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St. Pete Settles Clean Water Act Lawsuit Over Sewage Releases

Leon County Judge John Cooper on June 30, 2022, in a screen grab from The Florida Channel.
Suzanne Young
The Florida Channel
Leon County Judge John Cooper on June 30, 2022, in a screen grab from The Florida Channel.

St. Petersburg leaders have settled a lawsuit filed by environmental groups in 2016 after the city released millions of gallons of sewage into Tampa Bay. 

Under the settlement, the city committed to inspections and improvements to its sewage system. The measures go beyond what was required by a consent order that the Department of Environmental Protection issued in response to the release of up to 200 million gallons of sewage during storms in 2015 and 2016.

“We felt that the consent order that the city entered into with DEP was not going to be adequate to fix the problem,” said Justin Bloom, executive director of Suncoast Waterkeeper. “It lacked adequate investment, investigation and a plan to really fix the infrastructure.”

Suncoast Waterkeeper sued the city under the Federal Clean Water Act. The Ecological Rights Foundation and Our Children’s Earth joined the group in filing the lawsuit.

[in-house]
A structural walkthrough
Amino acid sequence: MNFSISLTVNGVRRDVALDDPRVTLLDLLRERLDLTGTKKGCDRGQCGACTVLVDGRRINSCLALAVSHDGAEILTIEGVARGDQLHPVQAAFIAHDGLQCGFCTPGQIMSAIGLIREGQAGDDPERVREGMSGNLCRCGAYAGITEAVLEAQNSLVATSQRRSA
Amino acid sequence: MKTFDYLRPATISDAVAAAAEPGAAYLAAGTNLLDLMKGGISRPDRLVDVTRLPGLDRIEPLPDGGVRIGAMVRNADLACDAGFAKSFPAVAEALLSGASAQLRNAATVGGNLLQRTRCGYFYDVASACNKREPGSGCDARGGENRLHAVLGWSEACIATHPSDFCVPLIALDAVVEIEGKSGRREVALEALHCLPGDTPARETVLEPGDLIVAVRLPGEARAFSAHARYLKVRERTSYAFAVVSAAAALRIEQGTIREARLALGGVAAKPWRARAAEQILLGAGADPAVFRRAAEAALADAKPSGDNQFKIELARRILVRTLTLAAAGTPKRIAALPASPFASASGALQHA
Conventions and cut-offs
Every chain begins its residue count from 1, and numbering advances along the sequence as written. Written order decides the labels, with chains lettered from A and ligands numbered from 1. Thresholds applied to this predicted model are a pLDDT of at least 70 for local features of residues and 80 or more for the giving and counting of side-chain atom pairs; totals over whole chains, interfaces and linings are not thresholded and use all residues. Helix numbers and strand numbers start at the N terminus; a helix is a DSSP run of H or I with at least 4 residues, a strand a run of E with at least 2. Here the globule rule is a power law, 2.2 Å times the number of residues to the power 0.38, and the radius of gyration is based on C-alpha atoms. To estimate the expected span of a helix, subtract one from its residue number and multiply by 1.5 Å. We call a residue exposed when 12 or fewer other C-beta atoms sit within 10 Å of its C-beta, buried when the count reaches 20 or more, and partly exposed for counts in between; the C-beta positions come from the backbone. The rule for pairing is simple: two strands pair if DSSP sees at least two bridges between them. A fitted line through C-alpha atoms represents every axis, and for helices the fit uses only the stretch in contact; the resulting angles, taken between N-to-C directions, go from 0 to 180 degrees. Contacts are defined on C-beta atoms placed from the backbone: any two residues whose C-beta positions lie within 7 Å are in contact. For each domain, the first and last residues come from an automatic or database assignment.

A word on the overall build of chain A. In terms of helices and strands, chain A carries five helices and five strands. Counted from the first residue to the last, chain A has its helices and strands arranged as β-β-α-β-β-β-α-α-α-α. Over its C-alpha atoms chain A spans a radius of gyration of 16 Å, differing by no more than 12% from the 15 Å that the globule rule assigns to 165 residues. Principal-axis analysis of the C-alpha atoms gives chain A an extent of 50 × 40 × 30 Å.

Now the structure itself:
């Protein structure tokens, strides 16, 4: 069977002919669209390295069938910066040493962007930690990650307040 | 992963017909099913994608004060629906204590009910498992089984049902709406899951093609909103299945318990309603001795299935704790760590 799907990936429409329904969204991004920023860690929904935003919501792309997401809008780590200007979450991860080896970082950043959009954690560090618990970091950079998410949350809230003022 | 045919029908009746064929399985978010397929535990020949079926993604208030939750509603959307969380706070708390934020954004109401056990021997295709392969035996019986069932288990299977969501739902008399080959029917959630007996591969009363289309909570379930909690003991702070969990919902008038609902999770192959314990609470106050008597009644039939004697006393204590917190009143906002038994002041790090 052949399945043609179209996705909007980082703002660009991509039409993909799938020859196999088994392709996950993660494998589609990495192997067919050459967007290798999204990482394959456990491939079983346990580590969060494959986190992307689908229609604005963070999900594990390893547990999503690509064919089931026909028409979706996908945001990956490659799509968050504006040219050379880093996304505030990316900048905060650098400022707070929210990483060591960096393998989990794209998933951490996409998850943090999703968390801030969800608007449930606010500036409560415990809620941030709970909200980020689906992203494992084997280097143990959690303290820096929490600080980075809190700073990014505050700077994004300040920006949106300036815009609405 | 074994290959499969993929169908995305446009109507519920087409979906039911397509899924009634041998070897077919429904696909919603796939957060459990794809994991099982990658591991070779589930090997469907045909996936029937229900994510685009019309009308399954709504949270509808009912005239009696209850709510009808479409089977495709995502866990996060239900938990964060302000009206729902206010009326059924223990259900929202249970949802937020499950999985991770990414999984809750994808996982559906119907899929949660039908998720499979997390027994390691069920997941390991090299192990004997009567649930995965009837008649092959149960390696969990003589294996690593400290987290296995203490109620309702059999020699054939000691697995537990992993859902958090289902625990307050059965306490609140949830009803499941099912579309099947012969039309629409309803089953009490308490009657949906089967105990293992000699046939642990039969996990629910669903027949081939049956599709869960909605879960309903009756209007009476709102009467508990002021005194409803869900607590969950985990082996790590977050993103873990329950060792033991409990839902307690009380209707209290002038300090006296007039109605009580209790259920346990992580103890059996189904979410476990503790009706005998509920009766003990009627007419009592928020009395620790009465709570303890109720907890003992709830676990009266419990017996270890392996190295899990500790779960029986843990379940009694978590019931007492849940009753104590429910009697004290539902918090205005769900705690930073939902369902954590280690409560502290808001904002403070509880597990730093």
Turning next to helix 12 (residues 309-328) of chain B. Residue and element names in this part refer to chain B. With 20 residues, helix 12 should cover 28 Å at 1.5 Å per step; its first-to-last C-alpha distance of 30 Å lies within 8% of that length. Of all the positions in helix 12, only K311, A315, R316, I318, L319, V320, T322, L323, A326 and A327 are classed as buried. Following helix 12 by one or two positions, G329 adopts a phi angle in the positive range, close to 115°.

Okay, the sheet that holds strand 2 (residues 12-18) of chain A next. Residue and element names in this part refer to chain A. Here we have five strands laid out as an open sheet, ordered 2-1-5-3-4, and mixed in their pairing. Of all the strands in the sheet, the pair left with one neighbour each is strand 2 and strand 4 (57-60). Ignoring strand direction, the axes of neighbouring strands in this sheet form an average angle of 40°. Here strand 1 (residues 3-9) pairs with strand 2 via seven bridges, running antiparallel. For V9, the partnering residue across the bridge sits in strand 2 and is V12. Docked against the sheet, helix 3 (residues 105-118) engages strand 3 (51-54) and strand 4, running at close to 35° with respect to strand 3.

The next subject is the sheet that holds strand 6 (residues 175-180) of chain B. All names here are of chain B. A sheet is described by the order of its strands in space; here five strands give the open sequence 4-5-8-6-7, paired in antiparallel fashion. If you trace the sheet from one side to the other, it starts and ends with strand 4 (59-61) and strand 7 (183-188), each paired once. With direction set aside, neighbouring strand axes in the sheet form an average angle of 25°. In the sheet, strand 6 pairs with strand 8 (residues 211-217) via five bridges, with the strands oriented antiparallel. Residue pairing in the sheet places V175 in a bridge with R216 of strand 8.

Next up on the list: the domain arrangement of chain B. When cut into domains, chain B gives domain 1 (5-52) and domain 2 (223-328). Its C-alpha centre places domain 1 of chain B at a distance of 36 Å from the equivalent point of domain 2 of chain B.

The settlement has federal oversight and if the city fails to follow the terms, the environmental groups could take it back to court.

“I think that they will follow through,” Bloom said. “I think the public wants them to and I think the city council and the administration and the staff are driven to fixing this problem.” 

The settlement’s requirements include:

* Upgrades to the sewage collection system, including a $7.5 million pump that relocates sewage during major weather events;

*A $200,000 payment to the Tampa Bay Estuary Program for projects that protect and restore the bay;

* Inspections of all gravity sewer lines and force mains;

* More water quality testing, especially in problem areas;

* Prompt disclosure of water quality problems to the public.

The city also must develop an ordinance requiring property owners to repair damaged sewage lines that come from their homes and businesses. The damaged lines allow rainwater into the city’s sewage system during storms, overwhelming it.

Property owners would be responsible for repairing the lines and may get help from grants and other assistance, Bloom said. 

“It’s going to be a tough burden on some of the folks in the city who are having enough trouble just making ends meet,” he said. “I think the city will try to come up with ways to lessen the burden.” 

Had the case gone to court, the city was facing massive fines that would have gone into the federal treasury instead of being used to help repair the sewage system, Bloom said.

“I think that we all agreed and we saw that the city really wanted to do the right thing and fix their sewage system,” he said.

Julio Ochoa is editor of Health News Florida.